There's not much doubt that anyone in fundraising or financial management would disagree that the most complicated source of financial support to manage is individual giving. The fundamental strategies of individual giving are universal: retain the maximum number of donors, develop their value to the organisation over time, and grow the base of support at a rate that at least exceeds attrition. The fundamental tactics of solicitation and resolicitation are also common, varying only in their execution.
Here are four key factors that influence donor relationships:
1. Donor Values
Consistently, research demonstrates that people do not support organisations, they support causes. They either back people or animals in crises, or they back values that resonate with them. These values are inherent in organisations' missions and manifest in the work they do. In many - arguably, most - cases, the values are clearly represented: the repertoires of performing art organisations, the collections in libraries and museums and the alumni of universities. The best marketing and fundraising practices relate to donor values. Organisations tend to struggle when their programmes depart from those resonant values.
This includes urgency towards the needs of people, animals or both. In these cases - represented by a broad spectrum of organisations in a variety of sectors - research has also demonstrated that support is not given to organisations, but through them to those in need. The biggest fundraising problem these organisations face is controversy over their stewardship of the donations entrusted to them, even when the issue raised is demonstrably unfair or false.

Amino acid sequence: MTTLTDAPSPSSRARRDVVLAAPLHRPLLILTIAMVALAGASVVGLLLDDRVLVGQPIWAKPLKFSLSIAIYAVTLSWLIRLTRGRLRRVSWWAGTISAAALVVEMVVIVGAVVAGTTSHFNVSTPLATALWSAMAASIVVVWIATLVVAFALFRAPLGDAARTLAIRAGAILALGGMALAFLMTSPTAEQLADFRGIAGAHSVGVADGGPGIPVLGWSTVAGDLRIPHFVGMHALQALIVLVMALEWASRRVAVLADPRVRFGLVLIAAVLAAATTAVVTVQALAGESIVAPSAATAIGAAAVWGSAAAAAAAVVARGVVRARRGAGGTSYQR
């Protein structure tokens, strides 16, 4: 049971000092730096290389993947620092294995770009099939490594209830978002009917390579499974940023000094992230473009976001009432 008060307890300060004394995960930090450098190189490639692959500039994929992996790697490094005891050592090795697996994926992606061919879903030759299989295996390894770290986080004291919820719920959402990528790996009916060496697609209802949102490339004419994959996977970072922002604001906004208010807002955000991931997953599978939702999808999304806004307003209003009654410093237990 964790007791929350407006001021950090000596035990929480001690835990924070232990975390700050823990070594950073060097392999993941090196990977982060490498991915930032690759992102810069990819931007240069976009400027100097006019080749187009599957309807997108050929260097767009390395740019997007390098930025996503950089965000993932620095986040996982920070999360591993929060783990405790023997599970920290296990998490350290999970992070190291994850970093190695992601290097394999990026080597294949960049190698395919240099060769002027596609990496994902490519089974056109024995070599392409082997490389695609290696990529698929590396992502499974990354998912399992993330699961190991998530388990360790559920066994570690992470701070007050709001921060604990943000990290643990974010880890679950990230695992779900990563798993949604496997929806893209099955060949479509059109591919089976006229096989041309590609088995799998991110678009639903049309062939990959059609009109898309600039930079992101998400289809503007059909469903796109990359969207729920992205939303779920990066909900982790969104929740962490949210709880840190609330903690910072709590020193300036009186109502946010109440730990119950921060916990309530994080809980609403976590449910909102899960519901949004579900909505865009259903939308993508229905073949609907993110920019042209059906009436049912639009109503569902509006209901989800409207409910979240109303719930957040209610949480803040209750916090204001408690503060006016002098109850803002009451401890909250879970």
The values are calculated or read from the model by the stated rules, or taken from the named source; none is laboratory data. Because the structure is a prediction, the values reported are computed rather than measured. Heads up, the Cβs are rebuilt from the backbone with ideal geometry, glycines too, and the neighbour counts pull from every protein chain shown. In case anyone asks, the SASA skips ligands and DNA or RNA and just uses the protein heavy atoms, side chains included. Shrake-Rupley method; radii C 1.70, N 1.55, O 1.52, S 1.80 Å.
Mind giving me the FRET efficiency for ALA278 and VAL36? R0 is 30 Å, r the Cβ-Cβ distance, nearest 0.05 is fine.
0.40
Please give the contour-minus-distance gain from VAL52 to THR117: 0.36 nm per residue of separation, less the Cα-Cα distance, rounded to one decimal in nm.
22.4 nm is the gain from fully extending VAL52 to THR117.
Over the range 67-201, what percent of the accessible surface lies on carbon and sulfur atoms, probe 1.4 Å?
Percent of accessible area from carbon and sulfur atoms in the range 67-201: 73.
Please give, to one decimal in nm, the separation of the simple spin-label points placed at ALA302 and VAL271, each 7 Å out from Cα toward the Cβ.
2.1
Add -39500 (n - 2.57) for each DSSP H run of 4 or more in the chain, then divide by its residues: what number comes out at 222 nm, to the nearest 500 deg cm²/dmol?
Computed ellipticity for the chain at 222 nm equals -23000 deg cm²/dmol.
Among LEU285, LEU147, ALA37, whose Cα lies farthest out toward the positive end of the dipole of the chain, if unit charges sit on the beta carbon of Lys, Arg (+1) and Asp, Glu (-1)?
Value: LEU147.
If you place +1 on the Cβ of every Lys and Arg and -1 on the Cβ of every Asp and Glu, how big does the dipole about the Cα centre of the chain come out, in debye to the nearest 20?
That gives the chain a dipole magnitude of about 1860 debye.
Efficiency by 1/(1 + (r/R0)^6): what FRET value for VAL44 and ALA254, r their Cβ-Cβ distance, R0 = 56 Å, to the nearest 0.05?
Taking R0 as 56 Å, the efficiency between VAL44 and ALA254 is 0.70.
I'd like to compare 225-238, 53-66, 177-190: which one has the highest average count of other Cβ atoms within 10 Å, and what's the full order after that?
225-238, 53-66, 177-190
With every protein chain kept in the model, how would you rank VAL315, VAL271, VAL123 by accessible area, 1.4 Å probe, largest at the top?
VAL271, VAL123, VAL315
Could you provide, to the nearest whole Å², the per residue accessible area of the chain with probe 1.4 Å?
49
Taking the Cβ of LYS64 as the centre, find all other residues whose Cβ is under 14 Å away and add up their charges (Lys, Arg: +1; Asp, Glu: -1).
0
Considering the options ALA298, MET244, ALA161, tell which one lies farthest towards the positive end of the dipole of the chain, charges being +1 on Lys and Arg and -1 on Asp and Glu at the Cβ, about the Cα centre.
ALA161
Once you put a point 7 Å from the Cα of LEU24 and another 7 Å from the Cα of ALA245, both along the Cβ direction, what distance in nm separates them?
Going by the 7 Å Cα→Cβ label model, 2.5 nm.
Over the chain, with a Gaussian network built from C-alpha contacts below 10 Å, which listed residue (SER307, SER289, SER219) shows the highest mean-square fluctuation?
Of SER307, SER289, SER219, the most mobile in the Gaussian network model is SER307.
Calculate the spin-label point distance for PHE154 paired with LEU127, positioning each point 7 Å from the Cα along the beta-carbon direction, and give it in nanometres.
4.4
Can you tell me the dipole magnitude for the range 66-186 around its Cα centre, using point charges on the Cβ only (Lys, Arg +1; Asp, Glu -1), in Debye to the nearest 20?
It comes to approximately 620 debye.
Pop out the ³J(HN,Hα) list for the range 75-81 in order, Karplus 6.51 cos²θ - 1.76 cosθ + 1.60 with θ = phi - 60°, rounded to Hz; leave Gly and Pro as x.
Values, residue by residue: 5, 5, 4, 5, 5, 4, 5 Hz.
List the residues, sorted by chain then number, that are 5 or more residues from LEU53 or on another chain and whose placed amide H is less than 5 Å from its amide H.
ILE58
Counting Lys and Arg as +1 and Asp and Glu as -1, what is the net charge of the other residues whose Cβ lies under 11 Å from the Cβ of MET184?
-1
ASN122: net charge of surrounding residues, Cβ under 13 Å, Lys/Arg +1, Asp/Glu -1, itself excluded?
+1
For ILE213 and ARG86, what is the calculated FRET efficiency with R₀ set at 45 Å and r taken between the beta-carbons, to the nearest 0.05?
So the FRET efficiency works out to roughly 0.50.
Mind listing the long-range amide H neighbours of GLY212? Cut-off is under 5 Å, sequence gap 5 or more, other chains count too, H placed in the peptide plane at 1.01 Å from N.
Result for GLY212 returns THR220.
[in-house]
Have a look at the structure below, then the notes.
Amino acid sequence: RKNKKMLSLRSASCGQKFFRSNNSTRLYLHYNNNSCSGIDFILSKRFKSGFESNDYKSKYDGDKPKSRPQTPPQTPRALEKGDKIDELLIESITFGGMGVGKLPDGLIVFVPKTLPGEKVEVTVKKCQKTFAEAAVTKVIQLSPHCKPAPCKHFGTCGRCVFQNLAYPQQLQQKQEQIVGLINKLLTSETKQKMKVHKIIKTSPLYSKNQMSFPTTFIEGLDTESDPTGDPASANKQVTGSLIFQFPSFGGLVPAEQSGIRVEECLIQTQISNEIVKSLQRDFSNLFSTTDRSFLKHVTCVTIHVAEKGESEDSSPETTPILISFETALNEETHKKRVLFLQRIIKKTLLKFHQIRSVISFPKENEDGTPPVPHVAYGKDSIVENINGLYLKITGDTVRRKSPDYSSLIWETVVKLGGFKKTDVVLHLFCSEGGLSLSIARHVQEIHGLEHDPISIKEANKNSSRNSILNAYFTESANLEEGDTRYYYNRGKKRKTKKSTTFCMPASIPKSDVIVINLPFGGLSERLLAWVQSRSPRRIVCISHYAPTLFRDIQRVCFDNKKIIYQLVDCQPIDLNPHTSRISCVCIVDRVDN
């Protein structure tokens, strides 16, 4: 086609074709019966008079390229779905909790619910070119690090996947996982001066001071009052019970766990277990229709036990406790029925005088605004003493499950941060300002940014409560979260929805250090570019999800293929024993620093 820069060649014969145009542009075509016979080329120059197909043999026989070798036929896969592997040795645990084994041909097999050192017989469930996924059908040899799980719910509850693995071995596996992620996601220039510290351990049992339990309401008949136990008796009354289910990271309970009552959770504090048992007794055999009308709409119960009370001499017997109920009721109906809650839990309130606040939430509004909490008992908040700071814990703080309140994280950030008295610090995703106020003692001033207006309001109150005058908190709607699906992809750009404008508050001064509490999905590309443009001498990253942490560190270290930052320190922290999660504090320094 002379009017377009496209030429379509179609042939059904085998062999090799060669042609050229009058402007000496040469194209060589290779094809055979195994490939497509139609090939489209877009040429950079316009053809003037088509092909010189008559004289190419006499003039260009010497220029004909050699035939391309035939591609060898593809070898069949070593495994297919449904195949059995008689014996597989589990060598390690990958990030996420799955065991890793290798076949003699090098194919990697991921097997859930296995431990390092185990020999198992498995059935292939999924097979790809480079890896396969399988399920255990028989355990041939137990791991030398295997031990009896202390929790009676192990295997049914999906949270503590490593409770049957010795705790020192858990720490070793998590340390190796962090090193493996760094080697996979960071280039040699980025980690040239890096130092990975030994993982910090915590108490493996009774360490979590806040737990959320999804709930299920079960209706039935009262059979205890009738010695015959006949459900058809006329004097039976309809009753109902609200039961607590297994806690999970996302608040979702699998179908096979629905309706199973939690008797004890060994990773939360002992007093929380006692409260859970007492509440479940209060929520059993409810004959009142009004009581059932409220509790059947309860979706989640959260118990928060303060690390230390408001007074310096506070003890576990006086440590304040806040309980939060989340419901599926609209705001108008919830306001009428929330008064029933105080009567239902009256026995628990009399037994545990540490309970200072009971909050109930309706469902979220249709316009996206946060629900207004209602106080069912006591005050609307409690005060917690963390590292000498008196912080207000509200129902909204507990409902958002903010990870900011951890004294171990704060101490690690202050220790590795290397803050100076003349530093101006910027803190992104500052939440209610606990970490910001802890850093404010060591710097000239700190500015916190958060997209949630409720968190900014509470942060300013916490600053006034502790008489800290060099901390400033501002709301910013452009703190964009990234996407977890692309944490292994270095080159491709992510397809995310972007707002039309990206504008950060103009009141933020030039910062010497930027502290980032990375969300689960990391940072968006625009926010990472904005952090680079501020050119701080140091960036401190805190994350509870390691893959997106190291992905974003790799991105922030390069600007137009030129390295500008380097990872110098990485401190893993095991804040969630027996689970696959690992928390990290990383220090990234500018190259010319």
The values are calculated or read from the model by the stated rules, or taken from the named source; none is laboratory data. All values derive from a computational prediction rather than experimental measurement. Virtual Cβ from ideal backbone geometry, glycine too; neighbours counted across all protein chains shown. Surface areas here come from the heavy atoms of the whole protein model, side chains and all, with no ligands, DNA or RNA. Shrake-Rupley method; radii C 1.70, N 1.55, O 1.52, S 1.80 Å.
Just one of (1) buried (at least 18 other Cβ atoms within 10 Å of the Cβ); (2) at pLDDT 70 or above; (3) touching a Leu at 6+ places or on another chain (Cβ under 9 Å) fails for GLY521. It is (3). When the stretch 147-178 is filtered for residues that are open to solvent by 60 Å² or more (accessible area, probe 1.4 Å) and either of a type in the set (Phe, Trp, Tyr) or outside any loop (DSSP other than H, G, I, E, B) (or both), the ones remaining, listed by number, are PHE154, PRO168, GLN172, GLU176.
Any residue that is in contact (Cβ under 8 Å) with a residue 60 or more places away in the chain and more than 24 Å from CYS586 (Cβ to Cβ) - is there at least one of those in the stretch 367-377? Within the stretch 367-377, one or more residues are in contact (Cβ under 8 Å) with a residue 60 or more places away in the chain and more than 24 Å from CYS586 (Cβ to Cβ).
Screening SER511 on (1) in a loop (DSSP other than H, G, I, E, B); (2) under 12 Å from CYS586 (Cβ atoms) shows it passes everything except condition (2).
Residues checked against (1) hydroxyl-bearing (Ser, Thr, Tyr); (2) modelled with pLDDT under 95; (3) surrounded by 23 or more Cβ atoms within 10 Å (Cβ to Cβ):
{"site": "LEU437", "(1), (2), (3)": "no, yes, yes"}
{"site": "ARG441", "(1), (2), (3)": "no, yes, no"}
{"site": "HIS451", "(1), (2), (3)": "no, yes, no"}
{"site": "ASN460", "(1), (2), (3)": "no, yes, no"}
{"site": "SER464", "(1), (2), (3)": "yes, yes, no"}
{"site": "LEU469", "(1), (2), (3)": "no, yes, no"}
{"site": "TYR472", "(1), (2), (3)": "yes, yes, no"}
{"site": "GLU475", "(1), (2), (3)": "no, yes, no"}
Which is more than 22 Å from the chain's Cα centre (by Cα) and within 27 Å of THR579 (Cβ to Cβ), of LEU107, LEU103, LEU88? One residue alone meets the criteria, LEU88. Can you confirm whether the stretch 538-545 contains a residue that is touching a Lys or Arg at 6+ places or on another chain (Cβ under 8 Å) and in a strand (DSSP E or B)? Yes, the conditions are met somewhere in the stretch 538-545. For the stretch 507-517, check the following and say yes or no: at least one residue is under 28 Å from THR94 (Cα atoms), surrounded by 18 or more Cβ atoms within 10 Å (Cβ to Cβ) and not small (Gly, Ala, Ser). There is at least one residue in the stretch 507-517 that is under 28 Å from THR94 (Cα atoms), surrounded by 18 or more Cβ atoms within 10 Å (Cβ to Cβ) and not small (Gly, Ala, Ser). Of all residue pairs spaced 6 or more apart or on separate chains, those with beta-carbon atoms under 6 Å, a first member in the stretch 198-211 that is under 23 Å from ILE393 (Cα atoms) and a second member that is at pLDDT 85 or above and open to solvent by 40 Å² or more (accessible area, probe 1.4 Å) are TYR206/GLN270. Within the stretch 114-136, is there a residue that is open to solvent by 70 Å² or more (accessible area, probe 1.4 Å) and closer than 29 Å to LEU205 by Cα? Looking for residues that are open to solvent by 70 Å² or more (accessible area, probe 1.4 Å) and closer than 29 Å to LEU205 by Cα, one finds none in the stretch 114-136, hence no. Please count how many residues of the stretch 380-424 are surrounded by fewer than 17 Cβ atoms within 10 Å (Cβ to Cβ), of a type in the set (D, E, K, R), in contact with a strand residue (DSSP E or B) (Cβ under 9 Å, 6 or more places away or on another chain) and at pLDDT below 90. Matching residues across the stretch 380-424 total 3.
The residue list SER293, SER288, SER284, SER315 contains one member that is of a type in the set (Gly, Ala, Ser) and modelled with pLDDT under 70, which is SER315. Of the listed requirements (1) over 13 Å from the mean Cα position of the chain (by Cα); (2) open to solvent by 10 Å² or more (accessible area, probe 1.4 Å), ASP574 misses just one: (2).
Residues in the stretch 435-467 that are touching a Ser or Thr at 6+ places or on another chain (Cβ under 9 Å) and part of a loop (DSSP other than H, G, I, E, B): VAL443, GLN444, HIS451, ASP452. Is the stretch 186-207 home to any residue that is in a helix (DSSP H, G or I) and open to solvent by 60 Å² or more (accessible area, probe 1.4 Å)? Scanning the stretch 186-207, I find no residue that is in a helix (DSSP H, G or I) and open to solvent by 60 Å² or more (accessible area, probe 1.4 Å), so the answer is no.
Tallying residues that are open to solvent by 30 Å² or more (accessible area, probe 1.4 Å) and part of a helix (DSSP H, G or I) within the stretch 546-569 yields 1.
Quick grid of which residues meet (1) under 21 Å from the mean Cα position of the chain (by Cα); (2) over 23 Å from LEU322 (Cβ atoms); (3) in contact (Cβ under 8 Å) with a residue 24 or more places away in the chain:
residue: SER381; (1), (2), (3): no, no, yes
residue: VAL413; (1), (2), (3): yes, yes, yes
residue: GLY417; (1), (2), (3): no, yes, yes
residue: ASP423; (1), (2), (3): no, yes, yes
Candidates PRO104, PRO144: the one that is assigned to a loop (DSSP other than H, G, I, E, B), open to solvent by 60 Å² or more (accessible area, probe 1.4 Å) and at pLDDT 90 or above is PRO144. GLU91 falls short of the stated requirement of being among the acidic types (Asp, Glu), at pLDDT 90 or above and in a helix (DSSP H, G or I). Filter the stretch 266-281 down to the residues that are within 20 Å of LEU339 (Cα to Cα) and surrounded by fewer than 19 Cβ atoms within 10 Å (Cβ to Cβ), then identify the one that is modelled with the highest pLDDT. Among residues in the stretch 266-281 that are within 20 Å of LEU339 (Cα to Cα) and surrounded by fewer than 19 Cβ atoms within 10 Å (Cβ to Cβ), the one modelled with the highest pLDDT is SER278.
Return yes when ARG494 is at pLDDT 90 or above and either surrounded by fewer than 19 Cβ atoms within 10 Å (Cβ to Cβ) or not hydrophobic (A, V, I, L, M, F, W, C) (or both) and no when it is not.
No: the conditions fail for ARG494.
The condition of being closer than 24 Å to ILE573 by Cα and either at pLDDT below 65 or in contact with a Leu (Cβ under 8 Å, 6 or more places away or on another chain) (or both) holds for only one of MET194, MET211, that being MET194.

Proximity is a three-dimensional factor affecting donor relationships. In no particular order, the first of these three factors is proximity of personal experience compounded by the length or tenure of that experience: for example, residence on a university's campus, membership in a religious congregation, attendance at arts performances, a library card (provided it's used), and a museum membership and visits.
A second dimension of proximity is community. Dozens of studies have found that donors hold a strong affinity toward organisations they believe contribute to the quality of life in their communities. We have seen that the longer donors reside in communities, the stronger they feel about the positive impact of the organisations they choose to support. And those organisations don't have to be local; national and even international organisations can show community presence and impact.
The third proximity dimension is control. This could be credited to the Baby Boomer generation; a significant characteristic of this generation is individuals having as much control as possible, including over those taking or receiving money. The emergence of the Internet and social media have demonstrated that proximity in this dimension is not necessarily geographic, but can be linked to intimacy, access to information, and the ability to interact with responsible people.
Donors ask themselves how impactful their donation can be to an organisation that has substantial foundation or corporate funding, or has substantial opportunity to monetise services.
Most often, these services of revenue obligate the organisation to publicise them in return, exacerbating the impression of their importance to the organisation's revenue.